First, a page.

The Biggest Challenge In The Collaborative Economy: Leadership Vs. Ownership


While the discussion-dust settles and the collaborative economy is slowly showing it’s new face, most of us are focussing on new business models, especially when it comes down to making money. Hundreds of blogs emerge daily about the best way of doing business, and as big players publish their collaboration frameworks, it seems to me as we’re skipping the most important point of all.


The collaborative economy is built by groups of collaborators, but haven’t we completely forgotten how to collaborate?


The collaborative economy shows us new ways to crowd-fund investments, new ways to look at resources that were previously unused and new ways to connect to big groups of customers. It has become amazingly easy to start your own initiative today, but many of them fall back on traditional ways while they aren’t able to understand the most important change that’s going on.
It’s the change from production through hierarchies to co-creation through partnerships. Many companies are (re)painting their house with these new colours, while the foundation remains rotten.
Many new companies nowadays are proving that talk is cheap by using the term ‘collaborative’ for a traditional business model while their fan-base turns against them. The first crowdfunded companies are pulling the plug from failing business models, as we are all trying to break free from the traditional ways of doing business.
Why new+old is a deadly combination
Not understanding the power of the crowds is not really the issue here. Everybody knows what impact a big crowd of people can have. It’s much more the inability to actually get a crowd to have an impact that brings these examples to mind:

– Crowdfunded companies with advertising strategies?
If 50.000 people funded your company, why do you still have to buy advertisement to sell product? Aren’t people telling all their friends about it?
– Crowdfunded companies with big overhead?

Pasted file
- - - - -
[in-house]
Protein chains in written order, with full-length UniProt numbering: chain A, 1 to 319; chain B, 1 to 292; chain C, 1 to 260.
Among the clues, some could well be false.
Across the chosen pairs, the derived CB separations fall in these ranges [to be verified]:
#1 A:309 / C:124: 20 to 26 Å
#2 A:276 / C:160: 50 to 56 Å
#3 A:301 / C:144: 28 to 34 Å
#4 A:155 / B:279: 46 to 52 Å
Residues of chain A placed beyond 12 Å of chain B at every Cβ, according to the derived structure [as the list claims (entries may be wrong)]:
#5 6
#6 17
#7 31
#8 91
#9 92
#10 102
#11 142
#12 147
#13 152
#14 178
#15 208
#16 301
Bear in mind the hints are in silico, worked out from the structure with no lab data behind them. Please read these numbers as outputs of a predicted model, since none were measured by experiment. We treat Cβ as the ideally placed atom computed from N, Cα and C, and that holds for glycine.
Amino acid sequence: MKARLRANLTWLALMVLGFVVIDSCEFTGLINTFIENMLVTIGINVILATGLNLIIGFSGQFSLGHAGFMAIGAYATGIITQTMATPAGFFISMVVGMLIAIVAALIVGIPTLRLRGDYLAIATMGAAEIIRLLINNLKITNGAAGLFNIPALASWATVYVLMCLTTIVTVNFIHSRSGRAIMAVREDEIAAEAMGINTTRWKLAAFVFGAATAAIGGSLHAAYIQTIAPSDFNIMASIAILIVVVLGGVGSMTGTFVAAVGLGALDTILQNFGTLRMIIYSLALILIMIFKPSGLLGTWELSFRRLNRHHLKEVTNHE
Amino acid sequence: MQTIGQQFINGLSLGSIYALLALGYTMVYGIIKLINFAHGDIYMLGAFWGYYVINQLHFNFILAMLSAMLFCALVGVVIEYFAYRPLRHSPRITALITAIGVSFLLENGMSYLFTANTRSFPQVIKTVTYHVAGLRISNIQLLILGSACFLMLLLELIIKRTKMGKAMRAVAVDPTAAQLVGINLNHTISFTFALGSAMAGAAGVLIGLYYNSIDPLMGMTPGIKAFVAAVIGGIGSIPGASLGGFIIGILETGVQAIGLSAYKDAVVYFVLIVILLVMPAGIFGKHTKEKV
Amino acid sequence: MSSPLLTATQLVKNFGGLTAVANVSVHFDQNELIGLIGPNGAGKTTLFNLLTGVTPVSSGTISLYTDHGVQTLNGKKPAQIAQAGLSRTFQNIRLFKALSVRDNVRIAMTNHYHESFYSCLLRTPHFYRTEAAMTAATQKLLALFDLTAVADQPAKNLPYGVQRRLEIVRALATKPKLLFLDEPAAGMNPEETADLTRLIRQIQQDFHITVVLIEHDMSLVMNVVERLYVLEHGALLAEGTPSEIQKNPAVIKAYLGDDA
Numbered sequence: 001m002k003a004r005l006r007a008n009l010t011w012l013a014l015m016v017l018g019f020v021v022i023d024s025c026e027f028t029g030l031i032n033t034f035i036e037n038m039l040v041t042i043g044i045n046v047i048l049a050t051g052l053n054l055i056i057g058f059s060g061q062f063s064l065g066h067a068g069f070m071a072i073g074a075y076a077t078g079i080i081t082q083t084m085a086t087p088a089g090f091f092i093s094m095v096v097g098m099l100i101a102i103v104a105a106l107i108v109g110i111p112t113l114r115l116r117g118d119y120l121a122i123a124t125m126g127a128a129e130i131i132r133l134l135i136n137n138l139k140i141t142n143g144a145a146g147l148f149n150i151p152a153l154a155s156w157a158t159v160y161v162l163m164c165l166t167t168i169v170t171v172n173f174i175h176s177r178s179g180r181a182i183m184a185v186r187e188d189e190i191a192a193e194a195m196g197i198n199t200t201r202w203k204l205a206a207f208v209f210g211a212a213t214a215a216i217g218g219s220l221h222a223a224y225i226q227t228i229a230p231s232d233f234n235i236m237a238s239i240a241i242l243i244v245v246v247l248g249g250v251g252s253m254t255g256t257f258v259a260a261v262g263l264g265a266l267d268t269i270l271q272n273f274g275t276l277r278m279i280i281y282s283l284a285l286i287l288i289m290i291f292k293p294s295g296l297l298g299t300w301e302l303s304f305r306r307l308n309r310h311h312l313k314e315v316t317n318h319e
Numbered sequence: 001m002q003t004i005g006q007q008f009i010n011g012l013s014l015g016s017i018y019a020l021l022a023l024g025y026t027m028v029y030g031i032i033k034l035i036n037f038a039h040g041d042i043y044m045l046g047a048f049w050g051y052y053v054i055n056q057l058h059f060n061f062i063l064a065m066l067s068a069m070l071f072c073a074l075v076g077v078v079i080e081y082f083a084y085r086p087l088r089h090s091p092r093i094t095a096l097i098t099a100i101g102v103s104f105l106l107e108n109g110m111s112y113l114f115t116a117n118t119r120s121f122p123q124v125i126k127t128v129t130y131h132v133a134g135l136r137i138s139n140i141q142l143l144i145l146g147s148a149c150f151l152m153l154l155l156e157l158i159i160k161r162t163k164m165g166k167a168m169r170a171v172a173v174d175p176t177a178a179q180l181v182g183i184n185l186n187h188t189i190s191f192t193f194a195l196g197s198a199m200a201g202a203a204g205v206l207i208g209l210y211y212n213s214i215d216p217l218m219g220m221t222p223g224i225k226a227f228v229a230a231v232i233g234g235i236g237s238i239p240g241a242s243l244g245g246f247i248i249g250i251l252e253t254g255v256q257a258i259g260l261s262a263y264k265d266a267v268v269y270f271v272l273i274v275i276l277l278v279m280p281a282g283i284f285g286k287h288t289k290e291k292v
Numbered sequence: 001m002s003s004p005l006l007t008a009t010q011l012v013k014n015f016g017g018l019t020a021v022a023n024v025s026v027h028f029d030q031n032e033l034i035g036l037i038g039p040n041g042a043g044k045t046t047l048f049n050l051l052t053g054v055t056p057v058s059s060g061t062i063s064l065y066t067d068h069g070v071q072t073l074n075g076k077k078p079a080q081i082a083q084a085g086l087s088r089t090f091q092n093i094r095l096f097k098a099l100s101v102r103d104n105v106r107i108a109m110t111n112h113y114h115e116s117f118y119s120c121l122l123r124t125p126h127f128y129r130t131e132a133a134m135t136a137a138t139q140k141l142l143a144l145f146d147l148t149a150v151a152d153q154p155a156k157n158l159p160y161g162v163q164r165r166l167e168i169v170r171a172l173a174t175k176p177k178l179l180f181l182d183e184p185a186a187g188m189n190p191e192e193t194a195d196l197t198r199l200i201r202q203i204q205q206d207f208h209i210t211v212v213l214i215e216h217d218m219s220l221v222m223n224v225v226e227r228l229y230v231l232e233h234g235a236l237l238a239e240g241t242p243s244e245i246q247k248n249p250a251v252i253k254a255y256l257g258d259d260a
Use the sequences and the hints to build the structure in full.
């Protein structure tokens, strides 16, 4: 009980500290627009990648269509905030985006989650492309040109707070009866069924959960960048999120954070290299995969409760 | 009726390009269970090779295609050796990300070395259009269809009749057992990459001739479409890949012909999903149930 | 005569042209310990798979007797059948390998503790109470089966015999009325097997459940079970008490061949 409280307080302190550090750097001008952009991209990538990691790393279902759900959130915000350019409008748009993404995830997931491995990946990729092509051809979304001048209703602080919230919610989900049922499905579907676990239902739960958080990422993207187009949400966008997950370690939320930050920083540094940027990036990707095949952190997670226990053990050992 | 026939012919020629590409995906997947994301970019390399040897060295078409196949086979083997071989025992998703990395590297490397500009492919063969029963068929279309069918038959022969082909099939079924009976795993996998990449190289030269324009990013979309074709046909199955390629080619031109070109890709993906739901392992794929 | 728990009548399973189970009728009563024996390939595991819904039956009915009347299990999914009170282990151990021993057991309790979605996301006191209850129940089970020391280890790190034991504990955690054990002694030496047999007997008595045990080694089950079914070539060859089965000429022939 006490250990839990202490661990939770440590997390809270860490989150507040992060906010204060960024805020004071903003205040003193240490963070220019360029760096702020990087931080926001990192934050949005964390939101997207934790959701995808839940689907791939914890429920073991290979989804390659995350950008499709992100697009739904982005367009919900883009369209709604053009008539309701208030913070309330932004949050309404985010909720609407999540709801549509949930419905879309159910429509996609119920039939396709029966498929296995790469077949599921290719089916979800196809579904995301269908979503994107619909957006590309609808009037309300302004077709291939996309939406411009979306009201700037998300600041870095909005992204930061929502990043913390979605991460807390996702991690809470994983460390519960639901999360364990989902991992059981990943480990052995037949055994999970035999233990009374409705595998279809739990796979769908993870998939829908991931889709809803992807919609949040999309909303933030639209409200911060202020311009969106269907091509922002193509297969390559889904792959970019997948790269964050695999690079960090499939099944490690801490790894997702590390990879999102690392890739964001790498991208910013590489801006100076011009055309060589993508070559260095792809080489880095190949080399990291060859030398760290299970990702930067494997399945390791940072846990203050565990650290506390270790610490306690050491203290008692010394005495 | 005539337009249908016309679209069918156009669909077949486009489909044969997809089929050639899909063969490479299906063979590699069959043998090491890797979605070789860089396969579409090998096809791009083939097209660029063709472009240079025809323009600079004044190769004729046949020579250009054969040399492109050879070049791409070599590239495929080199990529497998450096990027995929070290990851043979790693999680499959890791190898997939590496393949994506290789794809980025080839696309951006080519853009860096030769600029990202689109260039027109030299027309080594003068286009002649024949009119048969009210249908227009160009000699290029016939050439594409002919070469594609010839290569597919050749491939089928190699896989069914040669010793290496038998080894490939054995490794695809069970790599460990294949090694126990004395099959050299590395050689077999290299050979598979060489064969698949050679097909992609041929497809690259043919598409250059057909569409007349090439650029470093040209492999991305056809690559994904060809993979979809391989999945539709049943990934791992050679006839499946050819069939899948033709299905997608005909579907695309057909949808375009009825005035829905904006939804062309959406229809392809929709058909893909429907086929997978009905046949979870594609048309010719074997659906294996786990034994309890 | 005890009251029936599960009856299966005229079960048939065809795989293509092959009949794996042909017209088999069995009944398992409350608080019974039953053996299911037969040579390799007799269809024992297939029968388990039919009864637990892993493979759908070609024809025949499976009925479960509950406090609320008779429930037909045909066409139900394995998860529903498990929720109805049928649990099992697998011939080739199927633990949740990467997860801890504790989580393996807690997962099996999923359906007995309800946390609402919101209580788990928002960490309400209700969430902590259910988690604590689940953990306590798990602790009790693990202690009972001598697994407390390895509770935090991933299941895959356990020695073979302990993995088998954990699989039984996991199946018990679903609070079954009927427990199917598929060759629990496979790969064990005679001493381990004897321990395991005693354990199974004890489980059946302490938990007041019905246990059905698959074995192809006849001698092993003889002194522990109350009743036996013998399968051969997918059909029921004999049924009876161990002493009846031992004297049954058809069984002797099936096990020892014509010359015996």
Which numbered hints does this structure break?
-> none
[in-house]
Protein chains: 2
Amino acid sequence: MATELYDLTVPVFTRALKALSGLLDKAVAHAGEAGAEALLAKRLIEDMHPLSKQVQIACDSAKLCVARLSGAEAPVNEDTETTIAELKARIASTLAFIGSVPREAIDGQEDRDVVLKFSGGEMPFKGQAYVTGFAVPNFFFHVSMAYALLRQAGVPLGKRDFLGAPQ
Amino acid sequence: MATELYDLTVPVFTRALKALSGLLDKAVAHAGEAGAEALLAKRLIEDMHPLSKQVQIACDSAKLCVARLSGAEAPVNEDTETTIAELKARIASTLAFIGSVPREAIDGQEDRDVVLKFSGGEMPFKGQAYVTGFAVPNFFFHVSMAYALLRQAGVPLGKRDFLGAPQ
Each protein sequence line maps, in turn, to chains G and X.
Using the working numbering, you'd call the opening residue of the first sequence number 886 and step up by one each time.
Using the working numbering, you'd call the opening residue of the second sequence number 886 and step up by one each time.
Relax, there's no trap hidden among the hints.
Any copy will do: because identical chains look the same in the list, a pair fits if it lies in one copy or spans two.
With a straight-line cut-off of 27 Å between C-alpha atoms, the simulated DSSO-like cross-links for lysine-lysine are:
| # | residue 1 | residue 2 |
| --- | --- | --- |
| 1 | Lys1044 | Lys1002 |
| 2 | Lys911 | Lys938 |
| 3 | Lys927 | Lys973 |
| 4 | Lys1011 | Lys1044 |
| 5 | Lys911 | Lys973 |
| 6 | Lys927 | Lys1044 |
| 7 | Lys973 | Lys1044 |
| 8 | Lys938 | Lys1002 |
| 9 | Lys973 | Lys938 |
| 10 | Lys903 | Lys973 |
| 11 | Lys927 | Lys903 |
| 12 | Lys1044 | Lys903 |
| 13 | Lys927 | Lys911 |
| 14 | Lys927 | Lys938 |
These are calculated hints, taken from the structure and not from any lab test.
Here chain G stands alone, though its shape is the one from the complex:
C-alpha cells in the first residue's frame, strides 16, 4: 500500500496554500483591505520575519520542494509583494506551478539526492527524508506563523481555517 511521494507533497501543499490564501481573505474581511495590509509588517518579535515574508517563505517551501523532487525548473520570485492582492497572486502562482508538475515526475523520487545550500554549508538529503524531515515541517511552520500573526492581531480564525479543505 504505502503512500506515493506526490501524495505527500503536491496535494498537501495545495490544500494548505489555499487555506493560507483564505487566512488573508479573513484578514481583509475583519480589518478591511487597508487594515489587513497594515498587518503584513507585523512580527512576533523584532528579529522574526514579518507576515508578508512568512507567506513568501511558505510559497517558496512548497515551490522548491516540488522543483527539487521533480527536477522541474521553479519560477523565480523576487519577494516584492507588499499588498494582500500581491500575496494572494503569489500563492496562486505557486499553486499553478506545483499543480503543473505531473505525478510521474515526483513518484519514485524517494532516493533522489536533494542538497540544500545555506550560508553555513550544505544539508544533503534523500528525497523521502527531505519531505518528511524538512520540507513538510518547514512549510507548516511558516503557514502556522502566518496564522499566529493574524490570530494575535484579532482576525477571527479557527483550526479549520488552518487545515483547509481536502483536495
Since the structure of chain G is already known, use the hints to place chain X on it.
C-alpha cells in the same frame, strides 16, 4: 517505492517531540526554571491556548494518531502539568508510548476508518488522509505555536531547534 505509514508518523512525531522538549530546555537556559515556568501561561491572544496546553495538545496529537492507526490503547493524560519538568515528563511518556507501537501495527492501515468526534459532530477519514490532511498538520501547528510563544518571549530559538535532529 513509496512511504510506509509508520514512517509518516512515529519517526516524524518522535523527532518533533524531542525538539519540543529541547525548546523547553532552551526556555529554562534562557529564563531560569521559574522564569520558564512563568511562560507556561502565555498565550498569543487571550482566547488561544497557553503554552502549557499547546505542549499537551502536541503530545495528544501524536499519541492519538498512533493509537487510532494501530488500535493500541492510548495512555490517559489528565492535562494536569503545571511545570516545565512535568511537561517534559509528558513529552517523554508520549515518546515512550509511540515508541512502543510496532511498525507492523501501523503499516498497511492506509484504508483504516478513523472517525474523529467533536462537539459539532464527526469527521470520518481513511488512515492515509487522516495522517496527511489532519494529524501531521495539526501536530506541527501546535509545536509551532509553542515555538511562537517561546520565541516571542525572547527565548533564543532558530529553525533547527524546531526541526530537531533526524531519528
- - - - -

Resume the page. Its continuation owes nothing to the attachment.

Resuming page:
If 50.000 people funded your company, do you need to find 1000 employees, or could you find and form groups within those 50.000 possible experts, who already love your company?

– Resource sharing companies with low wages?
If you’ve found an unused resource where money can be made from putting them to use (let’s say cars), how did you arrive to a situation where the drivers don’t think you pay them enough?

– Resource sharing companies with shareholders?
If you’ve found unused resources to start your company (eliminating the need for investment cash), why does your company sell shares to shareholders who only want short-term gains?
Clearly, our next challenge is to completely break away from the old way of doing things, and learn how to do them together in new forms of partnerships. It’s going to require us to forget a lot of ‘business basics’ we use today. It’s going to require us to stop celebrating leaders, and to start rewarding crowds for their work. And it’s going to require us to get over ourselves and lose the fear of sharing.
While discussing this yesterday, one very important aspect seemed to return in the successful initiatives that emerged from Competence platforms (if you’re not familiar with the term yet, please read…).
We found that every single idea had a leader or group of leaders that carried the idea, found others to help with the idea, passed over leadership when necessary and were accountable for the execution. Not for the success, because the whole group was accountable for this. There’s a really big difference between leadership and ownership, and i feel that one of the fundamental changes lies in the changing definitions, norms and values around these words.
What do you feel is changing, or should change to really transform into a collaborative economy?


  1. For me this is the heart of the matter: "And it’s going to require us to get over ourselves and lose the fear of sharing." You could write a book on that subject alone. This cannot be forced, but needs to come from a call within, I feel. We can only inspire people by leading by example. Igniting that spark. Show them how much joy getting over yourselve can give. Even when the process is not always a joyride. It took me a while, and still I'm in the progress. I'v lived through the proces in order to know what I'm talking about. And to have compassion for those who've yet to make the transistion.

  2. @Felix Lepoutre, Anne-Kee Deelen and Cees Hoogendijk, could you help me with some advice/wisdom for my startup DeDeelkelder? I totally agree with Felix, but I feel that I need some guidance to keep from the business setup we are used to.


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